mould survey update

Cllr Anne Corbett was instrumental in creating the mould survey for Golden Lane Estate which several of our councillors then conducted door to door. GLERA helped out by putting the survey online. Here’s Anne’s report back to residents at the GLERA residents meeting in February 2023.

IMPORTANT: report incidents of black mould as a repair by calling 0800 035 0003 or emailing 

cllr anne corbett reports back on results of mould survey

Firstly, thanks to GLERA and in particular to the secretary, Jacqueline Swanson, for setting up the online survey for Golden Lane residents and collating the responses which required a considerable amount of time and effort.

  • Cripplegate Common Councillors have been advised that there are no cases of serious black mould in flats on the Golden Lane Estate
  • City of London tenants are advised to report all black mould to the City of London repair line
  • The latest City of London housing Service @Home Housing Newsletter Feb 2023 includes information about the management of black mould
  • The City of London will be sending all residents an information leaflet about black mould – this should arrive through doors in February / March 2023
  • All residents can ask the Golden Lane Estate office for an oil-filled radiator in exchange for a fan heater. However, there is a waiting list due to a shortage of supplies
  • Let your elected members know if you have difficulty getting assistance to remove black mould

The number of social housing tenants in England complaining of damp and leaks is on course to double in the two years since a child died after living in a rented flat with chronic mould. However, less than half of landlords (including the City of London) have introduced policies to tackle the problem. The City of London has systems in place which rely on reports about mould from tenants, social agencies, and contractors.

After the inquest into the two-year-old Awaab Ishak’s death in 2020 there has been a heightened awareness and understandable concern about the long term effects of black mould. The housing ombudsman called for landlords to stop blaming tenants’ laundry, cooking and other ‘lifestyle’ issues for mould. 

The government has recognised the need to strengthen tenants’ rights and will be introducing a bill to parliament. To create Awaab’s law, the government has tabled amendments to the social housing regulation bill. A consultation would be launched this year to set the timeframes within which landlords will have to act to investigate hazards and make repairs. The new rules will form part of the tenancy agreement, so tenants can hold landlords to account by law if they fail to provide a decent home.

Mould is quite common in homes. It can grow on surfaces when moisture is present. Common places are around window frames, in bathrooms and where there are leaks and damp. Babies and children are at particular risk of health effects from mould because of their small airways. Those with respiratory conditions such as asthma and allegories tend to be worse affected, as are people with weakened immune systems.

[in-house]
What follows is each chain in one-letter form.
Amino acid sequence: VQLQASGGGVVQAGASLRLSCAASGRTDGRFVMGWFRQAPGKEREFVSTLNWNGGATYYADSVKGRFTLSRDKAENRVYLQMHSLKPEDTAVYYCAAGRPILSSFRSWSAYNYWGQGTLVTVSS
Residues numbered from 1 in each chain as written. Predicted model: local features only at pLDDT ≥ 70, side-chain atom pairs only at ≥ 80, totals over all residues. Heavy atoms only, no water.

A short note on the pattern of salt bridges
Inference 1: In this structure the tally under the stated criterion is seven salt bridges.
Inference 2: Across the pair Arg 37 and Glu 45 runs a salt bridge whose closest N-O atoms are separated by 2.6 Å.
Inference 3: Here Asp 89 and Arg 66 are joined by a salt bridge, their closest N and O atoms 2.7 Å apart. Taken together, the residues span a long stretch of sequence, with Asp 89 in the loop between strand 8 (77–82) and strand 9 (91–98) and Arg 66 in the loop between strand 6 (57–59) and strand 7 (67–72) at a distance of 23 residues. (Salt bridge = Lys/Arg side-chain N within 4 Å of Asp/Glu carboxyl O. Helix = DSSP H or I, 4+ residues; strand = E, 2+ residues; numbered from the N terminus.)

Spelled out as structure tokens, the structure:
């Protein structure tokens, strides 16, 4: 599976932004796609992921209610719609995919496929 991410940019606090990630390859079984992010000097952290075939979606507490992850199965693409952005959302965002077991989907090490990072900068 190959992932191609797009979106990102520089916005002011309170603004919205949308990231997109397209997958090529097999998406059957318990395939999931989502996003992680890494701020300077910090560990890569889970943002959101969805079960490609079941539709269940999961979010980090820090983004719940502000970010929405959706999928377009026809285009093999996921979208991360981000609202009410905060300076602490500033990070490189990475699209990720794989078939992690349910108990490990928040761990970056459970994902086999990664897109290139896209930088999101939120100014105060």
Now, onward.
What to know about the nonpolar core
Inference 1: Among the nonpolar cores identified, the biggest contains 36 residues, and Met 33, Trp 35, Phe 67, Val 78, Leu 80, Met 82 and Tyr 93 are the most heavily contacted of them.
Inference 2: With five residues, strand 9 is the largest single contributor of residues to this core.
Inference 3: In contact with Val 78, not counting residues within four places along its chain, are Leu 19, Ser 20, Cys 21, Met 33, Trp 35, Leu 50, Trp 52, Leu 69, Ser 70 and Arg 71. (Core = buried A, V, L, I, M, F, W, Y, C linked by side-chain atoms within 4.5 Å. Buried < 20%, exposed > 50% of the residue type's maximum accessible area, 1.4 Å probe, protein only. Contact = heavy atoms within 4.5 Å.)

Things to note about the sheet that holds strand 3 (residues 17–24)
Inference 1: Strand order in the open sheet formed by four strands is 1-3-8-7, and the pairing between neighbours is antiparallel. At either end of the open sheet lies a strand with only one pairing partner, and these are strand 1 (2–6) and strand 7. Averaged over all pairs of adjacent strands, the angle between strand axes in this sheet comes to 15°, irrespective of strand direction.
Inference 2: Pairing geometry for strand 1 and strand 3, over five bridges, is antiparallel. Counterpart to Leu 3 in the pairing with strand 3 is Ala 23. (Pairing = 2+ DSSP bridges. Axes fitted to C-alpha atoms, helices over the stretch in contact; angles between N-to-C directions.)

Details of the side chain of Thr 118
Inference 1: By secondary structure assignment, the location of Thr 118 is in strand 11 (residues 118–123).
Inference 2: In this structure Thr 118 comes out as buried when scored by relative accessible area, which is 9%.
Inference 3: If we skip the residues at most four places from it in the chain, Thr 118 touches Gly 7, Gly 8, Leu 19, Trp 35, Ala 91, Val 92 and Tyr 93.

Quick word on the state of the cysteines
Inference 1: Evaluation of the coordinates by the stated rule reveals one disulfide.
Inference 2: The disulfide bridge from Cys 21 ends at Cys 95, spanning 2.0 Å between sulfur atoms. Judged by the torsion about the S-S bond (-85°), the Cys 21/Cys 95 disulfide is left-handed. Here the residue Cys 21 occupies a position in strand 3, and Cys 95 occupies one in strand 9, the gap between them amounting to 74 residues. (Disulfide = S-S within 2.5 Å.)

Buildings should be routinely inspected for water damage and mould. Any source of moisture needs to be dealt with by fixing leaks and dampness, controlling humidity, cleaning, and drying up any flooded areas and ensuring good ventilation. Keeping homes warm and well-ventilated helps because mould thrives in cooler, damp conditions. Small amounts of mould can be dealt with relatively easily, but when mould is growing in carpets, ceiling tiles and on walls, professional services are often needed to remove the contaminated material. Painting over mould is not likely to be effective.

The worst affected blocks in Golden Lane  are Crescent and Stanley Cohen. A group of Cripplegate Common Councillors visited Crescent House on 25 January with senior City officers. We visited three flats and saw evidence of damp and leaks. We were assured by a senior officer that in his professional opinion the visible black mould is not at a dangerous level and unlikely to be harmful. However, he urges residents to report black mould as a repair. He advised us that the City of London is addressing the problem through information to tenants and reports from contractors. In addition, there will be a sample survey/ physical inspection of all City of London social housing this year. He asked us to identify any individual homes that we have concerns about in particular.

Thank you to all the residents who provided information in person and on-line. In total 49 residents responded:

  • The survey confirms that Stanley Cohen and Crescent are in urgent need of new windows to bring homes up to a decent standard
  • The extent of mould varies from a small amount around windows and in bathrooms to extensive amounts in all areas
  • Tenants have reported the black mould issues but have had a varied response from the City of London regarding repairs for damp and mould
  • Some tenants have been given dehumidifiers, some have had repairs but some have reported that their requests have been unheeded. It is a varied picture
  • Most residents personally clean and manage the mould in their homes
  • Residents are concerned about damp and mould and delays in the window replacement programme
  • The information collected from the survey will be passed on to the City of London Housing Dept for inclusion in the sample survey and follow up on repairs
  • All residents will receive an information leaflet – a hard copy through the door
  • The elected members will support individual residents in getting assistance with repairs
  • The elected members will keep up to date with the latest news and information about the effects of black mould

You can find contact details for our elected members here.